The Eagles might beg to differ, Don. But I’m sure you wouldn’t mind a Philly-Pittsburgh Super Bowl.
NFL APPEALS PROCESS
It seems that players have nothing to lose by appealing even the most obviously correct rulings. Given that a player can still be eligible to play while the appeals process is ongoing, why isn’t a mandatory appeal just built into the process? Allowing a player who has been hit with a suspension to look at their upcoming opponents and then use the appeals process to manipulate which game they would sit out seems to take some of the teeth out of the disciplinary penalty.
— Steve M.
Most of the disciplinary hearings occur before the next game, such as this week with the Marshawn Lynch appeal. I would agree that in baseball the process can be manipulated to choose which games to miss, but that’s not often the case in the NFL.
JEFF HEATH, WOW
As a Dallas fan, I don’t have a lot of love for Jeff Heath, the safety. But, Jeff Heath showed the kind of football player he is over the weekend. With Dan Bailey out, Heath steps in and goes 2-for-3 on PATs and adds couple of touchbacks. He is the team’s starting strong safety, for crying out loud! Tremendous. Figure he deserves a little more recognition this week.
You’re right. I owe Heath his due. That was a big miss by me Monday.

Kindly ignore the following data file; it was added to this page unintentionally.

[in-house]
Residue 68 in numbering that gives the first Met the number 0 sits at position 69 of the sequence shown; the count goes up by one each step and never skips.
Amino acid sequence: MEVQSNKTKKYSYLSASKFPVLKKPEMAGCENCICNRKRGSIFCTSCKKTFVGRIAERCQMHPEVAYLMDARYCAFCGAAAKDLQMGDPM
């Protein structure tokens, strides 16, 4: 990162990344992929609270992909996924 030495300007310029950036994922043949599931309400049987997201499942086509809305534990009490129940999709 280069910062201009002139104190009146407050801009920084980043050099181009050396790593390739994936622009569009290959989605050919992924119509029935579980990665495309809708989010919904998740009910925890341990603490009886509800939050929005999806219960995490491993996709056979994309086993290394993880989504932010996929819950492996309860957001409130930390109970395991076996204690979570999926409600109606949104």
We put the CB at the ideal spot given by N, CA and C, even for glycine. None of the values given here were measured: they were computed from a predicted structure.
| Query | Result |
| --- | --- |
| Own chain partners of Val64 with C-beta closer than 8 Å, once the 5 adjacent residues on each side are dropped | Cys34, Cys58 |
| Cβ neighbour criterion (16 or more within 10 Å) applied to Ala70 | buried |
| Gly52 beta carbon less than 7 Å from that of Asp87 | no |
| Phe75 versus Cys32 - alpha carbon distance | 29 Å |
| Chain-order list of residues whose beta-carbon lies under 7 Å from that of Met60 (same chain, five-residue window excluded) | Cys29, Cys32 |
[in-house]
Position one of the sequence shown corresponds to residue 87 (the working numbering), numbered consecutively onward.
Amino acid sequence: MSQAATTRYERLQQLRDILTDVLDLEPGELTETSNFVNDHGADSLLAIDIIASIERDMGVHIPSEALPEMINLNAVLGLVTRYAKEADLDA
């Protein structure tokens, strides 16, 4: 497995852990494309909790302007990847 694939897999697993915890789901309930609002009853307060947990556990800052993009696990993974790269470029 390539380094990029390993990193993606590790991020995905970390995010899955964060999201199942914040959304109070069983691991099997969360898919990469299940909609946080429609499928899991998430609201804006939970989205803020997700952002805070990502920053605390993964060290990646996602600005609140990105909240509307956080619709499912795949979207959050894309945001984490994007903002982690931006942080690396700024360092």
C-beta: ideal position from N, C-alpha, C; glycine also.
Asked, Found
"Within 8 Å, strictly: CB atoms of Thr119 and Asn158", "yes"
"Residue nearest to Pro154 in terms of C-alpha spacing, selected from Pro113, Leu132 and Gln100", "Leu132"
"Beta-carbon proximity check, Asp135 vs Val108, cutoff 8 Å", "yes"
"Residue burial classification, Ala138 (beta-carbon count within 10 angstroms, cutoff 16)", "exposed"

CAL RIPKEN AND JOE THOMAS
The Joe Thomas streak is amazing. You mentioned Ripken’s incredible consecutive games streak; however, I think his consecutive innings streak may be even more impressive. He played in 8,264 consecutive innings from June 5, 1982 to Sept 14, 1987. Given the brutality of the NFL I think Thomas’ streak may be even more impressive than either of Ripken’s.
—Brian C., Richmond, Va.
YES! ON OUR WASHINGTON-PHILADELPHIA GAME STORY PODCAST
Mr. King: Yes, more of the game-story podcasts. I really enjoy them and they bring a unique depth to The MMQB’s offerings.
NO! ON OUR WASHINGTON-PHILADELPHIA GAME STORY PODCAST
More writing instead of pods. 10 Things w/Gary and Andy is a must listen but I’d rather read about a game than listen to another pod.
GARY GRAMLING IS GOLDARN GREAT
Just sayin’, Gary is hilarious—with great football insight. Sorry, Peter, but Gary is my favorite MMQB read now. And I bet he drinks good ol' GMO-corn-syrup-boosted PBR—hipsters and high triglycerides be damned—not limp-wristed saisons or shandies, or 1st-degree-felony-assault-on-tastebuds IPAs. Just love his twisted take on covering the NFL, right up my deranged yet dedicated alley.
—Kris K., North Yarmouth, Maine
I happily cede my crown to the maestro of the pre-game column, Mr. Gramling. I love it too. It’s so different, and so necessarily cynical when need be. Couldn’t be happier to have him on our team. He’s the most versatile man in the biz.